Todd was thinking again. He was in his favorite thinking spot, sitting below a large oak in the sandy part of the forest.
Lately, Todd’s mind had been a bowl of cold mush. He thought it due possibly to his new line of work as a living mannequin, a job he picked up while learning the mime trade. It was a thankless occupation for the most part, though the occasional shopper did commend him on his ability to stand still and wear clothes. After work, he’d gotten in the habit of laying on the couch and sipping the toothpaste-infused water at the bottom of his toothbrush cup, just to dull the only thought anchored to his mind – that his life was at a standstill.
Mime school was more difficult than Todd had imagined. He thought his mannequin experience would have helped him, but it really only related to a short unit in his Intro class on living statuism. He was having issues in Movement, especially with feeling the invisible wall. Professor Glass remarked that he didn’t find Todd’s wall believable.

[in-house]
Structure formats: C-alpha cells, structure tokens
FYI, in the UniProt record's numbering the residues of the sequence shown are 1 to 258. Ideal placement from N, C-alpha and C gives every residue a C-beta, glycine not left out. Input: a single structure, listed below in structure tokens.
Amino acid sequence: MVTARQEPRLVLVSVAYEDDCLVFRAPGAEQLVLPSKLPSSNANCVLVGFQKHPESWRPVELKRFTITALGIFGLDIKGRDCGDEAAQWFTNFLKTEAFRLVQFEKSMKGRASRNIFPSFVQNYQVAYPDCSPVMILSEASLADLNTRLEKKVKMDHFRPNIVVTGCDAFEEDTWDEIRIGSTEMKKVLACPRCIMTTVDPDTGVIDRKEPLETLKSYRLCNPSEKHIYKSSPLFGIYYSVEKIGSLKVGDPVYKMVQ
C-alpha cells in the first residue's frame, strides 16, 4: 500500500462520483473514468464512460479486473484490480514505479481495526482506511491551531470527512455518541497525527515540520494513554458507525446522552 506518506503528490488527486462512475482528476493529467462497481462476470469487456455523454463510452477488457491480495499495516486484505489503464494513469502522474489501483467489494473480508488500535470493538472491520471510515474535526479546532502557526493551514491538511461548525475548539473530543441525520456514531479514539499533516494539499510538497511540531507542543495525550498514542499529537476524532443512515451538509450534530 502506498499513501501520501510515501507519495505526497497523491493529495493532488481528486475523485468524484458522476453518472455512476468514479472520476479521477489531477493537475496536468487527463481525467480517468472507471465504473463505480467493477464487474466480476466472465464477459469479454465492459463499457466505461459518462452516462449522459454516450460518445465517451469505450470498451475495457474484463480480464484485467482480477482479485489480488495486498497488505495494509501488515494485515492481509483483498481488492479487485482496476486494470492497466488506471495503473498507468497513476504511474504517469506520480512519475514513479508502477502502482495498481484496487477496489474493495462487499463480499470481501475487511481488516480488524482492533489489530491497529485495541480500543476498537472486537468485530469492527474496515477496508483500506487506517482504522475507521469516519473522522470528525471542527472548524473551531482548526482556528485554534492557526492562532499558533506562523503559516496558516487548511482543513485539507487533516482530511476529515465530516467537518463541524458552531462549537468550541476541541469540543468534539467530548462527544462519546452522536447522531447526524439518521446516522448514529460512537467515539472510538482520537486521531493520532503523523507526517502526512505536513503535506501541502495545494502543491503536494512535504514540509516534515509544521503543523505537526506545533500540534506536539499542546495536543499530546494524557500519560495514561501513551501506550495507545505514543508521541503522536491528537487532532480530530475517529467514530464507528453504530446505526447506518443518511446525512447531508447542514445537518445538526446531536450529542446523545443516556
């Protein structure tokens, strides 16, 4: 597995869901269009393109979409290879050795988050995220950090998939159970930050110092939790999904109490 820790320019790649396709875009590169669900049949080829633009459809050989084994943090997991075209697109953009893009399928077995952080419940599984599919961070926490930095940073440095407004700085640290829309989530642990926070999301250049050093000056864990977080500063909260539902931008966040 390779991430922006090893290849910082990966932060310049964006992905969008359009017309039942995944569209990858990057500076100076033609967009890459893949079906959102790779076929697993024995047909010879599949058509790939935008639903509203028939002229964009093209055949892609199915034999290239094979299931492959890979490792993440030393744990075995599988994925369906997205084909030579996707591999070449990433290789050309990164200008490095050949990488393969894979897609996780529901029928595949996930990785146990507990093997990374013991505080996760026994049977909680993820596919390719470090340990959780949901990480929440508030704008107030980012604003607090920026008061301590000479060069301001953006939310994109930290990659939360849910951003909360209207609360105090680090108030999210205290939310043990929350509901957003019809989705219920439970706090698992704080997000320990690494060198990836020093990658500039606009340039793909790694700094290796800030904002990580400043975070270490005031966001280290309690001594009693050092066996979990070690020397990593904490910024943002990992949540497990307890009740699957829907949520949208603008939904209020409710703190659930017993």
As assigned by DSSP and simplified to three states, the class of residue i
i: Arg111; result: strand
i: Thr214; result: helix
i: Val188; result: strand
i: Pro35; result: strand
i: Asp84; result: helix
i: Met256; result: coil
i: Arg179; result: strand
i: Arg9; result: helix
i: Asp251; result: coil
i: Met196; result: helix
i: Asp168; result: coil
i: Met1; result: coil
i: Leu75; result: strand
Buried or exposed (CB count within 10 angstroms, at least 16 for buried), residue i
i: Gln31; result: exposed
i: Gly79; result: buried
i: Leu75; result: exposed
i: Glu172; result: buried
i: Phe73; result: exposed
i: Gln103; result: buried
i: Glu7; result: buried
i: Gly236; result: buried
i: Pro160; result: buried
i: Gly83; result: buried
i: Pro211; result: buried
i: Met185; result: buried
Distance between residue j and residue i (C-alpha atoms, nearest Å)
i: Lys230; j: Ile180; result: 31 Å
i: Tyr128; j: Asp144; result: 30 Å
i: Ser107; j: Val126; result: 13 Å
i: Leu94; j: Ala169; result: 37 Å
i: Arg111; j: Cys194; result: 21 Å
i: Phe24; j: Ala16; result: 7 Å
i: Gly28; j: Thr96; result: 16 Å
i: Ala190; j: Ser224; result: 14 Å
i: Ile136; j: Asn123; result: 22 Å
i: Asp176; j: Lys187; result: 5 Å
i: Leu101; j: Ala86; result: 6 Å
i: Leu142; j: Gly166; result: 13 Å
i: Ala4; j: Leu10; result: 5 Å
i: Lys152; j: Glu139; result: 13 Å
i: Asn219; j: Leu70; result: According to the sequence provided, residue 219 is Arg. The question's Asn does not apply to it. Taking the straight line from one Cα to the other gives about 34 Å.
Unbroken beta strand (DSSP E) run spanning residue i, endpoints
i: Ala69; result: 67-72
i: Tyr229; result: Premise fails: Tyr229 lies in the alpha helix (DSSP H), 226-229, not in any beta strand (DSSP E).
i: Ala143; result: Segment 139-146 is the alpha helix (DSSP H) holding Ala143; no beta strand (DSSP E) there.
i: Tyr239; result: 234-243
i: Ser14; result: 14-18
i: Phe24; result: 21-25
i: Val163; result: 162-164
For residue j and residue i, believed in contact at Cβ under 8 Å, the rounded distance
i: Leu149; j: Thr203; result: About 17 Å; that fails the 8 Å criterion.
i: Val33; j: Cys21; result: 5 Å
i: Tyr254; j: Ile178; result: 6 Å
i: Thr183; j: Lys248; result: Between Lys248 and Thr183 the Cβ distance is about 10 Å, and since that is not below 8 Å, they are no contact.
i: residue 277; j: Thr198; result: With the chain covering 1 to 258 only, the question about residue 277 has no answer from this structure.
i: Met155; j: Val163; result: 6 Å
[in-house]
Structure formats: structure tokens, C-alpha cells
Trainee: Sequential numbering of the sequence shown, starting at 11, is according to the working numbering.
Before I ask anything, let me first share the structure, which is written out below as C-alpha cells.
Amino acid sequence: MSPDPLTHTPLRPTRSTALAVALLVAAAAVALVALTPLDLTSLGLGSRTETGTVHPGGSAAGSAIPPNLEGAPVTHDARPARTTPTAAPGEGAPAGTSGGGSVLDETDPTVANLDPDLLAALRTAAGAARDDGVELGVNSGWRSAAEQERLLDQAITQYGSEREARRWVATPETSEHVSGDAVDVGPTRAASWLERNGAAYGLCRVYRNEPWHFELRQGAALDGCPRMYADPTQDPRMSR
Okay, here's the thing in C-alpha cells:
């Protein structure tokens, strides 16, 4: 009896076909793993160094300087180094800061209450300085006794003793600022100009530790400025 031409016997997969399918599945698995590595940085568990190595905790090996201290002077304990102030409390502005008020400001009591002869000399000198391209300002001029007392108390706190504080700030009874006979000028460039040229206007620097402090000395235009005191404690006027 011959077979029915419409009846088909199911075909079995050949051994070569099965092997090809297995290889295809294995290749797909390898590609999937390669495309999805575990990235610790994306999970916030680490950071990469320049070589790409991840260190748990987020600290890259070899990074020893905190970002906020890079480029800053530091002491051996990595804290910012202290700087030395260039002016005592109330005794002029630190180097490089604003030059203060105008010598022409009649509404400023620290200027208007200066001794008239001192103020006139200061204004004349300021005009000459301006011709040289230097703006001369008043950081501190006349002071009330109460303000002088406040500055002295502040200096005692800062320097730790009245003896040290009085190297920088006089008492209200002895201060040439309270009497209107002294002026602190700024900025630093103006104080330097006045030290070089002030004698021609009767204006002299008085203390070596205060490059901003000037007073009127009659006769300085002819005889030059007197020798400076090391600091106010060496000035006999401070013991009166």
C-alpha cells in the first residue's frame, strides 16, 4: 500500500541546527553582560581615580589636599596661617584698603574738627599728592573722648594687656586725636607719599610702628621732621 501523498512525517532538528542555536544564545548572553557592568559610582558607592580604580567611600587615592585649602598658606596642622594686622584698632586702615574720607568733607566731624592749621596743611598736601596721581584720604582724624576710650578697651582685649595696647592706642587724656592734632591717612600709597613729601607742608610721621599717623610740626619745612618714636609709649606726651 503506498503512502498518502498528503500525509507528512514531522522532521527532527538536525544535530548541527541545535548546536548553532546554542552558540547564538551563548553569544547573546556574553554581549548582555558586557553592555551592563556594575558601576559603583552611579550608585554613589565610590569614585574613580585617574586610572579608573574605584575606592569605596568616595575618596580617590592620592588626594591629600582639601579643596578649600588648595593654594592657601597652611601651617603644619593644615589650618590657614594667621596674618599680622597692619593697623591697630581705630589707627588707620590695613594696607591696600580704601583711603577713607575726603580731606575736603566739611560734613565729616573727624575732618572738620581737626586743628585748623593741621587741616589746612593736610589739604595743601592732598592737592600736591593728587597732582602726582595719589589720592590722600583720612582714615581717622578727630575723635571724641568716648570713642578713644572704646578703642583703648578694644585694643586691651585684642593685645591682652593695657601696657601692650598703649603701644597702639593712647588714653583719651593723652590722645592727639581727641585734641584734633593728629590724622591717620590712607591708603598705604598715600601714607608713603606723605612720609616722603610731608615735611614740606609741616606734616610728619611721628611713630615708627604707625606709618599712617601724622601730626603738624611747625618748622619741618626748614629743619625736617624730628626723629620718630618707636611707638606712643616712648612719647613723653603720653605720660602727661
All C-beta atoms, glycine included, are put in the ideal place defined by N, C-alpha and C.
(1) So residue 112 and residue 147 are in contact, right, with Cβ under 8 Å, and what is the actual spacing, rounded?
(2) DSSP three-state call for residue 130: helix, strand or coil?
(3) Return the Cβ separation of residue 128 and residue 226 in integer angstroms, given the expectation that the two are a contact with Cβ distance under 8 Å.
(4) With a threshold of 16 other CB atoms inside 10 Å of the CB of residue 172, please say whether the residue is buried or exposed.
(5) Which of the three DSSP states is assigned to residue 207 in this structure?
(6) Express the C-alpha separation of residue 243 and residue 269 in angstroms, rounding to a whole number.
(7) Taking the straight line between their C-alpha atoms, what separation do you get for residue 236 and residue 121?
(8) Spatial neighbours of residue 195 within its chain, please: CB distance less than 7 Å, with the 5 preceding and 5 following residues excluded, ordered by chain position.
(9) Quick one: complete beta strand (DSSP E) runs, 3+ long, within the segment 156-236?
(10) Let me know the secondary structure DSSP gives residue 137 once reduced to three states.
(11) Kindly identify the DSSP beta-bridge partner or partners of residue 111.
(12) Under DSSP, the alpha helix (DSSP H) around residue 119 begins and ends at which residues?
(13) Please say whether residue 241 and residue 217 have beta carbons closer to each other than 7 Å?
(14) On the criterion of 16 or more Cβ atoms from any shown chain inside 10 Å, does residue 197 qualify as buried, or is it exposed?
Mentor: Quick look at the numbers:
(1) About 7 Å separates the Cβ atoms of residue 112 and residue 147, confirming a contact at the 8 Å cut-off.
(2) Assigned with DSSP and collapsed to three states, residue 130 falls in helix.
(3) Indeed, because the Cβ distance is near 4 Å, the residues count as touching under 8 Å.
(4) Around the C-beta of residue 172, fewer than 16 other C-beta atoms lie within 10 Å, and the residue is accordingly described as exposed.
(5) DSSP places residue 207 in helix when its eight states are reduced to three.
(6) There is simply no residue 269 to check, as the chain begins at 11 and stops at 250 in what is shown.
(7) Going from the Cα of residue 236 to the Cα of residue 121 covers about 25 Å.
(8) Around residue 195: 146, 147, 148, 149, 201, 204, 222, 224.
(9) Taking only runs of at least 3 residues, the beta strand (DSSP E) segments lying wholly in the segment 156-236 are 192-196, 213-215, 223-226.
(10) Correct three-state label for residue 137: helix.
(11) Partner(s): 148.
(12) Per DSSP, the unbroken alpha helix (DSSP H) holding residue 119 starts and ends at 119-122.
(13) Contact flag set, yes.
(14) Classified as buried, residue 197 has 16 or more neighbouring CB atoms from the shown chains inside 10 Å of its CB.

The truth was that Todd didn’t believe in it himself.
After a few weeks, Todd decided to get out of his rut. Maybe he wasn’t meant to be a mime or a mannequin. Maybe Todd was meant to be a man. He went to his thinking spot and sat there with chin upon fist until the blankness of his mind disappeared within a forming cloud. It came slowly from the periphery of his skull, a fog from a haze from an ether filling the hollow of his mind. Before long, Todd recognized words and images forming from the cloud, first randomly and of no discernible order or context – iridium, meatballs, Datsuns, cereal, LSD.
But soon, as all children do, Todd began to make sense of the world around him. He began to see patterns, to grasp concepts, to apply techniques. In time, Todd was able to sustain deep thought, of this that and the other thing. He pondered the rhythm of a stampede of wildebeests across the savannah, the line created by the flight of a bumblebee, the sound of speech unimpeded by language. He became ambitious, eager to use the dormant part of his brain to memorize the names of all the dead people who’d ever lived, to delineate the history of an imagined past, to invent the finest soup ever slurped by human face.
Occasionally, an acorn would fall to one side or the other of Todd, inspiring him to create a set of equations that would ultimately prove that mathematics can’t prove anything.
Todd’s brain was back.
It was right where he’d left it.